/boot/kernel, or perhaps enough stayed the same between 9.1 and 9.2, that things didn't freak out like before. And, this includes the virtualbox kernel mod, when I did the upgrade on zen, and later mew. But, I re-installed these ports and lsof. I did a quick check of other services, and then upgraded the 'zroot' zpool to have feature flags (which now means it no longer has a version, apparently instead of jumping the numbers to distinguish from Sun/Oracle it has eliminated having version numbers (for beyond 28) and having flags for the features added since. Wonder if the flags capture all has changed since 28, since I thought there have been other improvements internal that aren't described by version numbers. Namely, I seem to recall that there have been improvements in recoverability....namely it had been suggested, when I was trying to recover a corrupt 'zroot' on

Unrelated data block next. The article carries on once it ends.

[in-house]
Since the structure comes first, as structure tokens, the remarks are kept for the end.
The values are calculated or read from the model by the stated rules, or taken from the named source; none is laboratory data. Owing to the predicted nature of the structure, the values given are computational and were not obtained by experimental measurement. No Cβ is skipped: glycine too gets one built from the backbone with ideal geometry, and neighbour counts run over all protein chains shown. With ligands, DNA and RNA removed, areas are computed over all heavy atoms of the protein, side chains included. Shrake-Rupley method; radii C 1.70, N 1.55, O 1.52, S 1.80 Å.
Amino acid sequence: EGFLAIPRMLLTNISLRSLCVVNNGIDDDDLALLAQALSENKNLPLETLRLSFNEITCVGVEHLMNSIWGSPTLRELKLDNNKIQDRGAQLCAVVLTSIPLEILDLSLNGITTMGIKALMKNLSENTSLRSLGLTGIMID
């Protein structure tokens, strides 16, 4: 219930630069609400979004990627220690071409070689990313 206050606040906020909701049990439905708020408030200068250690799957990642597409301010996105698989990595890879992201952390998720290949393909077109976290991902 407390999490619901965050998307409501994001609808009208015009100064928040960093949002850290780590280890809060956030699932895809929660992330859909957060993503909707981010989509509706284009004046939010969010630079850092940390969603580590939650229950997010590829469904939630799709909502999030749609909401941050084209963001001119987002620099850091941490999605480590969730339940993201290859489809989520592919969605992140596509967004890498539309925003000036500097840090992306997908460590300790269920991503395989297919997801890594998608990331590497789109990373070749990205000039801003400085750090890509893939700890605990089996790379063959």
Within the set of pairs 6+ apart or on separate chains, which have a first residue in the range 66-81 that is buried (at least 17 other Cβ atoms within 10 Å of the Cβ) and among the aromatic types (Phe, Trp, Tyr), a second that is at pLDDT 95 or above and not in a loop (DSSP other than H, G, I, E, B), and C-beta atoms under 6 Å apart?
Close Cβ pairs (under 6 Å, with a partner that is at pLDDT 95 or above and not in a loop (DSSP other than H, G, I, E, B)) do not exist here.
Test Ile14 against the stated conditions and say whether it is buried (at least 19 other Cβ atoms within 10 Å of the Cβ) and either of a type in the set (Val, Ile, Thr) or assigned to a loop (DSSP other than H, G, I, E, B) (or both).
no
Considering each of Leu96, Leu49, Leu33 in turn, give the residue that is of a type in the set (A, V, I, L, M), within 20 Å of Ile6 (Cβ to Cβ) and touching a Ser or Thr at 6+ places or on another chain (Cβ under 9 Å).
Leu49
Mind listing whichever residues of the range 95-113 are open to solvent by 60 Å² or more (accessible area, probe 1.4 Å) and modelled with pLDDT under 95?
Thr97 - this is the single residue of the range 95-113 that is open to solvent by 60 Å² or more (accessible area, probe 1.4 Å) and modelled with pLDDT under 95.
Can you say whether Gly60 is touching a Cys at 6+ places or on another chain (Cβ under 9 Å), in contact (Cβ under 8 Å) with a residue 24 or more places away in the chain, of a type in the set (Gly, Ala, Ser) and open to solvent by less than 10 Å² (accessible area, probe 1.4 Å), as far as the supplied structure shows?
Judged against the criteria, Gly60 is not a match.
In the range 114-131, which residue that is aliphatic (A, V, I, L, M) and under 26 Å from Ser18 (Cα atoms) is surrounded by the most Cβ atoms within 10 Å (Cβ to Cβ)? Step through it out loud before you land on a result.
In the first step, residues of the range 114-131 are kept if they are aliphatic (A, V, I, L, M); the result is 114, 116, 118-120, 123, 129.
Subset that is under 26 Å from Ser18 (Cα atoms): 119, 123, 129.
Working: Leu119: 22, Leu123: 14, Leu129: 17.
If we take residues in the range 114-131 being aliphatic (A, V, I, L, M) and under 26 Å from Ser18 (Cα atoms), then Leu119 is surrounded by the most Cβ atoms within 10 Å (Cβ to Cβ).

mew, to try finding a v5000 ZFS live CD. Which I don't think I ever found, and gave up anyways when I concluded the level of corruption was too great for any hope of recovery and that I needed to resort to a netbackup restore, before the last successful full get's expired. Though being that it was nearly 90 days old, the other two month fulls didn't exist due to system instability that eventually caused the corrupted zpool (eventually found to be a known bad revision of the Cougar Point chipset and a bad DIMM...things seem to finally be stable from using a SiI3132 SATA controller instead of the on board, and getting that bad DIMM replaced....was weird that it was a Dell Optiplex 990, purchased new over a year after the problem had been identified and a newer revision of the chipset was released. I did eventually convince Dell support to send me a new motherboard and replace the DIMM. The latter was good, since I had to use DIMMs from another Dell that had been upgraded, so I had less memory for a while. But, while at first I did use the onboard SATA again, eventually I started having problems that would result in losing a disk from the mirrored zpool, to eventually causing a reboot where they would both be present again [though gmirror would need manual intervention]....and moving back to the SiI3132 has finally gotten things stable again. Though the harddrives in mew are SATA-III, so it would've been desirable to have stayed on the SATA-III onboard ports, where it was these ports that were the main source of problems in the prior defective version. Perhaps the fact that the prior version had a heatsink and the new version didn't, wasn't because they didn't need it to try to compensate for the problems caused by over-driving the silicon for the SATA-III portion. But, an oversight with the newer revision motherboard. The problem did tend to occur in the early morning hours on the weekend, when not only is there a lot of daily disk activity, but there is also a lot of weekly disk activity, etc. Oh well.)